February 2020: Taking advantage of your practice analytics
Some of you know me personally and, if you’re one of those people, then you know I’m an optometrist-turned-marketer. Optometrists could really learn a lot from marketers—but I’m not talking about marketing tactics. I’m talking about tracking your analytics and metrics.
You see, in marketing, if you don’t track your analytics then I’d say you’re not doing your job. As a marketer, my key metrics are: unique viewers, pageviews, returning visitors, marketing qualified leads, cost per acquisition, and acquisition source. If I didn’t track these then I wouldn’t call myself a marketer. As an optometrist, if you don’t track your practice analytics, you’re still an optometrist by definition, but I think we’re entering an age where one would say you’re not a very good optometry practice owner.
In a 2017 survey CovalentCareers conducted, we found that optometrists ranked their understanding of their business metrics at a 7.2 out of 10. If you ask me, this isn’t very good—imagine your child coming home with a 72% on a test!
Before you read any further, do you know the key metrics you should be tracking in your optometry practice? If you don’t, it’s probably time for a wake up call.
These are the key optometry practice metrics I think you should be tracking (if you’re curious, I learned these from GPN Technologies):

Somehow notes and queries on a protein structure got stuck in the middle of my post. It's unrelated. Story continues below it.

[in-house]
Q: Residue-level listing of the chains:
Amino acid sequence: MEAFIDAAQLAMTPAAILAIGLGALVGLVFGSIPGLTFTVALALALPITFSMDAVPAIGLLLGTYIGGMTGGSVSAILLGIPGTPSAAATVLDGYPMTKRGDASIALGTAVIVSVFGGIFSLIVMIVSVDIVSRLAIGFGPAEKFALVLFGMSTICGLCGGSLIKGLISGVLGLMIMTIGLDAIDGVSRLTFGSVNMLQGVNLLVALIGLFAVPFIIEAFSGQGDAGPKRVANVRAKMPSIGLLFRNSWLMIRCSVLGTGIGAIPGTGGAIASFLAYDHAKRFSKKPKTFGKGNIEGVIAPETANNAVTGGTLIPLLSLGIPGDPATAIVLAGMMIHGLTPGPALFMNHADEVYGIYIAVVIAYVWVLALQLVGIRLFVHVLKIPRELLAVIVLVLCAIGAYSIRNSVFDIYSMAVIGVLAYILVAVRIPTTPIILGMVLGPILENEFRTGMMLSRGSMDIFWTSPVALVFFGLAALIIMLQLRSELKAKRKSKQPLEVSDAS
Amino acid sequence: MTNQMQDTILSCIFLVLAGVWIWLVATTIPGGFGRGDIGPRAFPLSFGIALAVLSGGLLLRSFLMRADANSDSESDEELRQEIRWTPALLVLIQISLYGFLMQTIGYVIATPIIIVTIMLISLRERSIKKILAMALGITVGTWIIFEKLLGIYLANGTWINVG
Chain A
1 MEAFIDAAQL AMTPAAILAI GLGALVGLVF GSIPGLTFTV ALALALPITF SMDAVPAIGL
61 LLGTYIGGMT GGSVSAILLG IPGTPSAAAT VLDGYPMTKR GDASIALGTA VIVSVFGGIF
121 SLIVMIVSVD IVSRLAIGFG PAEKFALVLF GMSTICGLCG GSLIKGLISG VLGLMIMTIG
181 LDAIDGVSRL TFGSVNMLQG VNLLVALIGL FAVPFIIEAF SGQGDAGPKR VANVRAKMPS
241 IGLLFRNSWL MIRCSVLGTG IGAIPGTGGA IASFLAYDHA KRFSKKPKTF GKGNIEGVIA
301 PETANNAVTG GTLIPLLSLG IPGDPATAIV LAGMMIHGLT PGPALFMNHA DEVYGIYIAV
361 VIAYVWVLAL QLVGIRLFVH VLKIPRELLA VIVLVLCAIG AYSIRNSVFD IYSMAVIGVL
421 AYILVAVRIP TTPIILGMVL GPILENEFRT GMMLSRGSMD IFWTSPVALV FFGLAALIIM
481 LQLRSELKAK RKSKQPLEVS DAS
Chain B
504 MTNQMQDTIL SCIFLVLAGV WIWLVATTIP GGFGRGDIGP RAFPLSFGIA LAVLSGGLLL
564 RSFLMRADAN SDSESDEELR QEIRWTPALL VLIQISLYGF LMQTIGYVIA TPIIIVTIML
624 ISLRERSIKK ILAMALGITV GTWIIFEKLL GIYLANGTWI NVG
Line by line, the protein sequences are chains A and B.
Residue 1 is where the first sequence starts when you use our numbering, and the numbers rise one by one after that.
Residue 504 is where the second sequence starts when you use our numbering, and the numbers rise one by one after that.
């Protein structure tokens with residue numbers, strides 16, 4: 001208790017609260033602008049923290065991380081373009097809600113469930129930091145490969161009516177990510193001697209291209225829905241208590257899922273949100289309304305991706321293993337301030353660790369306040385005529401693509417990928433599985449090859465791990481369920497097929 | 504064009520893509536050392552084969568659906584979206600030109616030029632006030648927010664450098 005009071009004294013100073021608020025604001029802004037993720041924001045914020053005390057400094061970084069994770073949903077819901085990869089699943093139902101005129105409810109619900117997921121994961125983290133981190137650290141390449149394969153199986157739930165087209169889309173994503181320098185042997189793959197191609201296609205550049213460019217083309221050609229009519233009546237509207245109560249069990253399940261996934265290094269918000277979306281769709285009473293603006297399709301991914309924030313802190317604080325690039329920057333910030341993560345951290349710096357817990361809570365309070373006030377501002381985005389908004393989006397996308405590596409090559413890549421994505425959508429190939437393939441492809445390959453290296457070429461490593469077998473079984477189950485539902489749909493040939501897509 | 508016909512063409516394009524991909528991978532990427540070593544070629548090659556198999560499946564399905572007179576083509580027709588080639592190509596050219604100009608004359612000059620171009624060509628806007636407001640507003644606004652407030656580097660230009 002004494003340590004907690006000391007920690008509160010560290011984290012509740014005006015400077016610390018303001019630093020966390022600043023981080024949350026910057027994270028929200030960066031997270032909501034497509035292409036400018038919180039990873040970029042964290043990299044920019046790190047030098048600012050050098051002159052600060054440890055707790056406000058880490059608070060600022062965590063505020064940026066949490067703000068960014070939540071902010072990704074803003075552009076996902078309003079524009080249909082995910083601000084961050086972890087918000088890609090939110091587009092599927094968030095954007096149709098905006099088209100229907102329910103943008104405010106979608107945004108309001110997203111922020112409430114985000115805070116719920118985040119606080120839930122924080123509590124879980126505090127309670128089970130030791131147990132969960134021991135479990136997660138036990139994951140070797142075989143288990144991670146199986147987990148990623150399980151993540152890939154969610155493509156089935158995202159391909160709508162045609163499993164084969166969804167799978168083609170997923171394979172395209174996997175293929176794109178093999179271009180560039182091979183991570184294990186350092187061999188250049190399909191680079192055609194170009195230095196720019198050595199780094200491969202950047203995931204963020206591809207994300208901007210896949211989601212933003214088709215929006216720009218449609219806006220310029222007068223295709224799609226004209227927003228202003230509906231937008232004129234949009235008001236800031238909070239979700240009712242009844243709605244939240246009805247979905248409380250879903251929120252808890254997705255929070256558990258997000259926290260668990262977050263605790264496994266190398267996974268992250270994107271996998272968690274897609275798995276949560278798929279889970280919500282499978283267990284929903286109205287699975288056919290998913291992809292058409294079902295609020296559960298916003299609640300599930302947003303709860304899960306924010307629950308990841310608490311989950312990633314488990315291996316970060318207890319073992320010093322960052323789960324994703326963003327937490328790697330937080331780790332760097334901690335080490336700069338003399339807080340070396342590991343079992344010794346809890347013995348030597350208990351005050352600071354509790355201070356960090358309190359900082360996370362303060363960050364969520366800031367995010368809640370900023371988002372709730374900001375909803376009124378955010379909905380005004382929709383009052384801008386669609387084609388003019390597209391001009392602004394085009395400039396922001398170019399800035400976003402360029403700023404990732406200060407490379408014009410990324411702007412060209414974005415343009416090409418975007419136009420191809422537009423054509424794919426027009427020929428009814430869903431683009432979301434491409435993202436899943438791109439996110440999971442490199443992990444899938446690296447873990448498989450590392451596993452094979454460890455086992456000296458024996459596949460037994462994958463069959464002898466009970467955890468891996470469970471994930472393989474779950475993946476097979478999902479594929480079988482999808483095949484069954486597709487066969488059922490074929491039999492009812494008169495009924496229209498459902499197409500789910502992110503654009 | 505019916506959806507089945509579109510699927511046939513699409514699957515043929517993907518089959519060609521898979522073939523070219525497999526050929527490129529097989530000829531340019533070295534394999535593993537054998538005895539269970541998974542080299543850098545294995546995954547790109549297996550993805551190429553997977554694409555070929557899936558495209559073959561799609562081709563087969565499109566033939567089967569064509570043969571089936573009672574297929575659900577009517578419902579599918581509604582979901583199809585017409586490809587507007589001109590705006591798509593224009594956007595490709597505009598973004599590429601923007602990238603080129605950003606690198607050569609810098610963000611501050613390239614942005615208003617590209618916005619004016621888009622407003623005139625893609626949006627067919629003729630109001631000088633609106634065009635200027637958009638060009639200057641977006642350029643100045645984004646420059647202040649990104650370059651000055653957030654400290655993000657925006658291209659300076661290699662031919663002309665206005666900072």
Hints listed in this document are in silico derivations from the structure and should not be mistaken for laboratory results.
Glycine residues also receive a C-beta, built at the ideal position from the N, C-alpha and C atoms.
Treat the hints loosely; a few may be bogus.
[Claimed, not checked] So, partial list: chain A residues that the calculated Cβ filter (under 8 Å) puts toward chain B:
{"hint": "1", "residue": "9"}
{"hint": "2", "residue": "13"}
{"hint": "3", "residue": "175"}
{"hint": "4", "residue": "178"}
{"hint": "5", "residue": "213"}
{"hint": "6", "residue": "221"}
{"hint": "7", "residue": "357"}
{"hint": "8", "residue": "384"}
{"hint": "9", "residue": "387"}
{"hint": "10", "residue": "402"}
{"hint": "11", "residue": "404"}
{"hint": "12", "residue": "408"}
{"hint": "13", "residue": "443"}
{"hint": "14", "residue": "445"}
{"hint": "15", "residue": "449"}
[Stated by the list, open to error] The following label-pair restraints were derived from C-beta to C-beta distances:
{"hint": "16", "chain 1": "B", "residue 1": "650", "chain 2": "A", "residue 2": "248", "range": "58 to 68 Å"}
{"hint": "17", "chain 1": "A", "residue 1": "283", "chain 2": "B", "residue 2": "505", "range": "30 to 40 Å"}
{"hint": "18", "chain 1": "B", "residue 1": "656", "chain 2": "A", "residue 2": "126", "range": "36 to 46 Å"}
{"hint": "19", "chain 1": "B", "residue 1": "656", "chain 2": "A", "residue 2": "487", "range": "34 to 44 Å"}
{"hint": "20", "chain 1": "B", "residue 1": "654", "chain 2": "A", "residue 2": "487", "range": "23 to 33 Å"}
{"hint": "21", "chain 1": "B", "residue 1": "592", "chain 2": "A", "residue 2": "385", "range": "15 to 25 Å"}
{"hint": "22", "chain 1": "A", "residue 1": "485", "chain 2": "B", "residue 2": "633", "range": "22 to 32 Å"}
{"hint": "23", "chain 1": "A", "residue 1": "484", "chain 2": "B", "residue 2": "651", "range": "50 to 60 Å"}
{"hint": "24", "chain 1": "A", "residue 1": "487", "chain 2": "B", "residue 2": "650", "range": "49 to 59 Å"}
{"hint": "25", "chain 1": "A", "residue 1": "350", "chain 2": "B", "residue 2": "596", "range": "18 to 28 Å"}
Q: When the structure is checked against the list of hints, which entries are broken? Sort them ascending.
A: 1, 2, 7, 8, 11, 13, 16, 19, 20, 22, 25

- Average revenue per exam
- Average revenue per doctor
- Exams per OD hour
- Optical capture rate
- New patient growth
- Revenue by CPT code
When I look at marketing metrics, I look for problems that need fixing and good things that need to be replicated.
It’s the same as a practice owner. As a practice owner, you’d use the average revenue per exam and per doctor to understand who is pulling their weight in terms of prescribing and doctor-driven dispensing. Those lagging behind the average need additional training on how to identify opportunities with patients. If an OD can’t hit the average after training and support, then this optometrist might not be a good fit for your practice.
Exams per OD hour and new patient growth are great metrics to understand how well your marketing is working and how booked your schedule is. It will also help you understand your slow times of the year and when you should turn up the marketing dollars in order to beat your numbers from the previous year and therefore grow your bottom line.
For optical capture rate, you’ll look at the number of complete pairs of glasses sold divided by exams with a refraction. This will give you an idea of the volume of patients walking with their prescription, how your opticians and sales people are performing, how your frame and lens selection is holding up, and so much more.
Lastly, my favorite is revenue by CPT code. With a lot of optometry practice revenue shifting from optical to medical, it’s key that we understand what actions inside of our exam room are paying the bills: for example, a 92250 for fundus photography or 68761 for punctal occlusion. The key here is not what you are billing, but what you are NOT billing. It will serve as a gap analysis so that you can lay out a plan on how to start doing more procedures where you’re lacking, thereby generating additional revenue. Without it, you’re just guessing where you’re strong and weak.